• If you become a victim of a crime, get immediate help by contacting the local police and reporting the incident. (Don’t forget to get a copy of the police report.) Then you can contact the nearest U.S. embassy or consulate for assistance.

Speaking of U.S. embassies and consulates, they represent the U.S. government in a foreign country. They act as communication centers between the U.S. government and the host government (whatever country it’s in). The embassy is the larger of the two, normally located in a country’s capital, with consulates being smaller and located in other major cities.

U.S. embassies and consulates can be an excellent source of information and assistance. They know the local government and can help with:

  • replacing a lost or stolen passport
  • contacting family or friends back home
  • locating medical or legal assistance
  • addressing emergency needs that arise as a result of a crime
  • obtaining information about victim resources

Given all this, it’s smart to know the phone number for the nearest embassy or consulate.

Another very smart step to take when traveling internationally is to enroll in the Smart Traveler Enrollment Program (STEP), a free service offered through the State Department’s Bureau of Consular Affairs. When you’re enrolled in STEP, the State Department can contact you (via email or through notifications sent through a dedicated app) if there’s a change in safety conditions of the country you are visiting and they can help family and friends back home get in touch with you in an emergency. All great reasons to register your trip in STEP! (Editor’s Note: For more information on STEP, check out Sharyn Alden’s post here.)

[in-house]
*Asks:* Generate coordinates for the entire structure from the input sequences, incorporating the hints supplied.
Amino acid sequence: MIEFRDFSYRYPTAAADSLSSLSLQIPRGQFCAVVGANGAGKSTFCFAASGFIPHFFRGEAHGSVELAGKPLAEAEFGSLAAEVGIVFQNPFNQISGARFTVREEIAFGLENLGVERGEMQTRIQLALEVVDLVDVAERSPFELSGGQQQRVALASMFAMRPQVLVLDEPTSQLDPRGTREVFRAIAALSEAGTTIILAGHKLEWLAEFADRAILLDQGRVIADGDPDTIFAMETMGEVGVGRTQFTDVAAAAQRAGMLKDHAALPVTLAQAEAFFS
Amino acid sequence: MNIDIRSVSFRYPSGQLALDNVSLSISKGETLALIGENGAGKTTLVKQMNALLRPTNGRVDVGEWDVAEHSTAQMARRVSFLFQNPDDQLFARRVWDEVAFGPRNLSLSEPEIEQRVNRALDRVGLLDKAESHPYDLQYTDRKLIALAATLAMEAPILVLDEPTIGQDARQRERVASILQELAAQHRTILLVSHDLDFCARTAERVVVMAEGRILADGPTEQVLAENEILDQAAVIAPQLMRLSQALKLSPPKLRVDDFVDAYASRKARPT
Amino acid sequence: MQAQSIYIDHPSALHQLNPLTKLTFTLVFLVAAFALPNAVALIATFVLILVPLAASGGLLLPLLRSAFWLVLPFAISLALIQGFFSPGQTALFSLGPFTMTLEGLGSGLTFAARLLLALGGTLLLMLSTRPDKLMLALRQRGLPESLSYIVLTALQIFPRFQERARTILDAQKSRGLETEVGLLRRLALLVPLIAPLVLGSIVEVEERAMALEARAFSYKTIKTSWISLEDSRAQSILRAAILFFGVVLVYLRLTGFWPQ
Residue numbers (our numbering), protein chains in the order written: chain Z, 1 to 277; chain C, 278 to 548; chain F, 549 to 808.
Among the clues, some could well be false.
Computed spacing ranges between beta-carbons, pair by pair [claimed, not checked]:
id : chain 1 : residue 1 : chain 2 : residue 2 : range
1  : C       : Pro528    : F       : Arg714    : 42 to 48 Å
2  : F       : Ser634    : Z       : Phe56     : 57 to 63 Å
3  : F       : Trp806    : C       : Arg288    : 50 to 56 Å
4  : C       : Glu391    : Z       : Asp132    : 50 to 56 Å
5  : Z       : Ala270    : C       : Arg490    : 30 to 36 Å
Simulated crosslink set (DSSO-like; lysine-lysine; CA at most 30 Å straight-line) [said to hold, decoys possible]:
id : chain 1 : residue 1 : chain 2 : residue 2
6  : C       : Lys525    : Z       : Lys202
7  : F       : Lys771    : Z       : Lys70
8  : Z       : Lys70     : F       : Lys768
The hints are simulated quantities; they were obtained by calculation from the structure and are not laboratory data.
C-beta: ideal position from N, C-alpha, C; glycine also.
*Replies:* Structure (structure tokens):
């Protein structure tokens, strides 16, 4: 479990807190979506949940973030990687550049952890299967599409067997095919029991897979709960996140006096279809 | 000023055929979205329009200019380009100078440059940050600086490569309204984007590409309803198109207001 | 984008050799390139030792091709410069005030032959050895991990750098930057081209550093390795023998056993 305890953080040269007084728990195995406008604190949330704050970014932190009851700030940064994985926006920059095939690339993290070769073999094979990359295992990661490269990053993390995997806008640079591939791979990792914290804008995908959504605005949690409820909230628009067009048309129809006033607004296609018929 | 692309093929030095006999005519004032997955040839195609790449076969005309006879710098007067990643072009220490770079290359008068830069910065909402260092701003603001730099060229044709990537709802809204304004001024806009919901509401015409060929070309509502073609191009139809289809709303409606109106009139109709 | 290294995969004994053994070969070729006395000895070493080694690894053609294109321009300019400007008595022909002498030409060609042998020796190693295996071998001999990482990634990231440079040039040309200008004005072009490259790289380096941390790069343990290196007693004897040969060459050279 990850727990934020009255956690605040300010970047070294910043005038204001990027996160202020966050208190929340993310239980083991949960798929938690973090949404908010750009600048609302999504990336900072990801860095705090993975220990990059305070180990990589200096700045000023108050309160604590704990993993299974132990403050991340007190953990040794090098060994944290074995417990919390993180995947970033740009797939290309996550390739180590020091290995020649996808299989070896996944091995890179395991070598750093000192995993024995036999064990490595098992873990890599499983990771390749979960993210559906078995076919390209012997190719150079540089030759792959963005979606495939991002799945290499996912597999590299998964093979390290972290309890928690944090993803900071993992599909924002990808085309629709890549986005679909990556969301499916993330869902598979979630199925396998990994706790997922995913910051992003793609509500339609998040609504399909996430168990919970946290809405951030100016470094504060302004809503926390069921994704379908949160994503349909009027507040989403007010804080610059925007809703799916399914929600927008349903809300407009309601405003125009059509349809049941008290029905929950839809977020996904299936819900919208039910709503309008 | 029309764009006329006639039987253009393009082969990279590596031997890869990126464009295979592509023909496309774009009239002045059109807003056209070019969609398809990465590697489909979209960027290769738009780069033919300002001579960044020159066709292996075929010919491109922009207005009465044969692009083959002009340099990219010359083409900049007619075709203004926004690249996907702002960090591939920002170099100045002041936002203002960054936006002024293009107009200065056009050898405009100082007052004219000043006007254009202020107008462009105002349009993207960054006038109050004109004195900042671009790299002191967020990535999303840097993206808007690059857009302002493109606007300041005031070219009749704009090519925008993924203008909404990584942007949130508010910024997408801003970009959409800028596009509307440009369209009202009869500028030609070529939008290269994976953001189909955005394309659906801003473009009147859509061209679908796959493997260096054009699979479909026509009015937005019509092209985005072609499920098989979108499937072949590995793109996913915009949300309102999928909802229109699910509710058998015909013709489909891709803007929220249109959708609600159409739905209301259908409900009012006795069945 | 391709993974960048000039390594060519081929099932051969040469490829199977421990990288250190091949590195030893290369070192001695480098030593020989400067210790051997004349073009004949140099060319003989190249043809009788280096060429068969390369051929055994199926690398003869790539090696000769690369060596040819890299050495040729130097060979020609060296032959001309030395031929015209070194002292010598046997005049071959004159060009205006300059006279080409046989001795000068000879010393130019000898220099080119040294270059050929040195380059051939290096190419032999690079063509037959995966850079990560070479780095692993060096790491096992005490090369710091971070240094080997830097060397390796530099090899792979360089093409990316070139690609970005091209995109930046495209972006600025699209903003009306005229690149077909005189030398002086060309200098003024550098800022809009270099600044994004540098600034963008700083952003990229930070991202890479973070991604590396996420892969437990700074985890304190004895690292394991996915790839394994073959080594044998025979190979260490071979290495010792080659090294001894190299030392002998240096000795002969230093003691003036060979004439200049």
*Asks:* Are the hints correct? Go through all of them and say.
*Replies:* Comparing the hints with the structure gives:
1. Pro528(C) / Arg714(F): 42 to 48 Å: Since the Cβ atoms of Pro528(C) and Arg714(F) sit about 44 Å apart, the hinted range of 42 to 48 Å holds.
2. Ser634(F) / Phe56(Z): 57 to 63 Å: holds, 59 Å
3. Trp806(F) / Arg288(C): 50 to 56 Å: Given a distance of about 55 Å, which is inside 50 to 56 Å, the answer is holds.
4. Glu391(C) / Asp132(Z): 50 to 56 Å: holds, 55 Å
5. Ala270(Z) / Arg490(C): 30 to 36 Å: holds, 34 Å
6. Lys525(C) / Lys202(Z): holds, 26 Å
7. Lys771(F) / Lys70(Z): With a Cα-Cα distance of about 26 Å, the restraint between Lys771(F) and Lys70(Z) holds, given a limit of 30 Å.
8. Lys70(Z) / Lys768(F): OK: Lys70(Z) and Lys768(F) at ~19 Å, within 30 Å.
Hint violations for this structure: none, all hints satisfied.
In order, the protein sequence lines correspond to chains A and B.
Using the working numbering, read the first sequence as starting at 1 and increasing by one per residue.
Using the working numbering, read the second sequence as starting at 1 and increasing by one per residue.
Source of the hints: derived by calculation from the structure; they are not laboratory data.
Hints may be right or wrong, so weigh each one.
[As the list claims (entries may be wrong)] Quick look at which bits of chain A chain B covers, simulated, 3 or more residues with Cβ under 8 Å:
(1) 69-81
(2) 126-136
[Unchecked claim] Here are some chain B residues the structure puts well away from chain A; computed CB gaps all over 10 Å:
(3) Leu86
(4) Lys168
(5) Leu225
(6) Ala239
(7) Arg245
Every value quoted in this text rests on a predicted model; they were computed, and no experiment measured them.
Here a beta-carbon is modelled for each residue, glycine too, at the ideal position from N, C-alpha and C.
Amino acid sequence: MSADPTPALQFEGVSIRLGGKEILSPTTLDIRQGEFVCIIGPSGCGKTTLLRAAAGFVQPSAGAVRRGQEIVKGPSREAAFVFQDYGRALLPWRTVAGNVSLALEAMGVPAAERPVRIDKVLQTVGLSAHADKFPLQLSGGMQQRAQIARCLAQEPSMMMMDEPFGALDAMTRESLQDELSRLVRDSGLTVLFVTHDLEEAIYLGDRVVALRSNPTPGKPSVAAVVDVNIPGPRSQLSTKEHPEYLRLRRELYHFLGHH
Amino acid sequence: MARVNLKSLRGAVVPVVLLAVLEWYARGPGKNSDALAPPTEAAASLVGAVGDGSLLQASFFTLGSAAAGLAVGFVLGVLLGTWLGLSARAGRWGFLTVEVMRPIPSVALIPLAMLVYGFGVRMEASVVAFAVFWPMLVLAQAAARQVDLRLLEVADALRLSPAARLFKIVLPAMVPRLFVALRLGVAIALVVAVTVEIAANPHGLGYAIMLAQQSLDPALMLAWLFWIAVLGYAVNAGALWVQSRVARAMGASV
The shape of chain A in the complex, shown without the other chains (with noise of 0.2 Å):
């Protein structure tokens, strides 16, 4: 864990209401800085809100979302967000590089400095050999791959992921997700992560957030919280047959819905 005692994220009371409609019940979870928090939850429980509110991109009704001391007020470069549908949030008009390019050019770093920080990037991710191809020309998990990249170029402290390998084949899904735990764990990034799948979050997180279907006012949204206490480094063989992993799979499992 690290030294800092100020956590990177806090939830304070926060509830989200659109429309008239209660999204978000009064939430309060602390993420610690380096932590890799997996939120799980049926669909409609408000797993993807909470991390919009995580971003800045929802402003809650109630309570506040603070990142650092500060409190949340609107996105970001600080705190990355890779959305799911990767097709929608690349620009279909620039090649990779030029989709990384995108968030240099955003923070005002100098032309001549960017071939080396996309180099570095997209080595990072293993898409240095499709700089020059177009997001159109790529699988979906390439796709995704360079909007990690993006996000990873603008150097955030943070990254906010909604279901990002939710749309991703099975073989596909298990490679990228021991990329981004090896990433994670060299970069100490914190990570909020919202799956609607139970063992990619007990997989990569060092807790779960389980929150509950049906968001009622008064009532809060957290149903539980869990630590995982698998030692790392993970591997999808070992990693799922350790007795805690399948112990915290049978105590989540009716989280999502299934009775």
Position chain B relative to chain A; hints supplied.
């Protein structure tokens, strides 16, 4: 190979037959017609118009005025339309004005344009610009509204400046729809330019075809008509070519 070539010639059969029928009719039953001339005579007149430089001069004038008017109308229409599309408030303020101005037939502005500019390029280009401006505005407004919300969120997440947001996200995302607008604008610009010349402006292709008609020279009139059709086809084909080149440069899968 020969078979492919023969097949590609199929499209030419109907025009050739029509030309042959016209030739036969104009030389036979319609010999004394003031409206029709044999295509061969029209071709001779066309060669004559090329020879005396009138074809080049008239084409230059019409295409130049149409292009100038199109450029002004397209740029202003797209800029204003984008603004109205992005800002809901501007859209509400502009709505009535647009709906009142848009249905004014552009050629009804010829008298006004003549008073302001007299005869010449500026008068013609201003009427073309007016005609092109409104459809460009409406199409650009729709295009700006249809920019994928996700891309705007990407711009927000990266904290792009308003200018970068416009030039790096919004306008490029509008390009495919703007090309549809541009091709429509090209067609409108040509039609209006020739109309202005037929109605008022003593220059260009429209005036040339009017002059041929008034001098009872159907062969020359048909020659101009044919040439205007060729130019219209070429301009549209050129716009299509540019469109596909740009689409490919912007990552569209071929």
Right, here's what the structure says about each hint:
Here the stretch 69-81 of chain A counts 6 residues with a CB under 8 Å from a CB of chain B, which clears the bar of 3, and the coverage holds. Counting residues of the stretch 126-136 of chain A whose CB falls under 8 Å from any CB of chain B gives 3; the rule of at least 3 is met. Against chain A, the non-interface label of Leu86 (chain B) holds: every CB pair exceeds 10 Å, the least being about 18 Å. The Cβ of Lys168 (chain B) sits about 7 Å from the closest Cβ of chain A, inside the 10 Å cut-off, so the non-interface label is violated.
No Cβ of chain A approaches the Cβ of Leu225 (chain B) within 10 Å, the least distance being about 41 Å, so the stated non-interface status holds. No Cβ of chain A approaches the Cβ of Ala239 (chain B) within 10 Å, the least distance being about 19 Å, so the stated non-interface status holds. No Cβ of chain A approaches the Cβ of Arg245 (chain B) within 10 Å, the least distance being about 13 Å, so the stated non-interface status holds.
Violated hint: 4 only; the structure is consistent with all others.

If you’re traveling and political situations escalate, coming home early may be difficult. Political turmoil or natural disaster can increase the amount of people leaving a country, and finding an earlier flight may not be possible. You can try calling the airline, but nothing’s guaranteed. (Actually, flight expert Johnny Jet recommends simultaneously calling and contacting the airline via social media and trying to work with the desk agent at the airport. The more options, the better.)

Depending on the severity of the situation, the nearest U.S. embassy or consulate can help you get out of the country. When unsafe situations arise, they work with a task force in Washington, D.C., to help get U.S. citizens out. While they can’t order U.S. citizens to leave a foreign country, they can provide information and assist those who do want to leave. Here’s where STEP really helps.

Note: If you receive evacuation assistance, you will probably be required to sign a promissory note agreeing to reimburse the government for some of the evacuation costs. (Travel insurance can help with this cost.)

In the end, you may have to just wait out your trip. If this is the case, go back and read our little list of safety precautions. Be smarter than usual, use your common sense, and don’t miss your flight home.

Molly Jensen is a member of the marketing team at Berkshire Hathaway Travel Protection.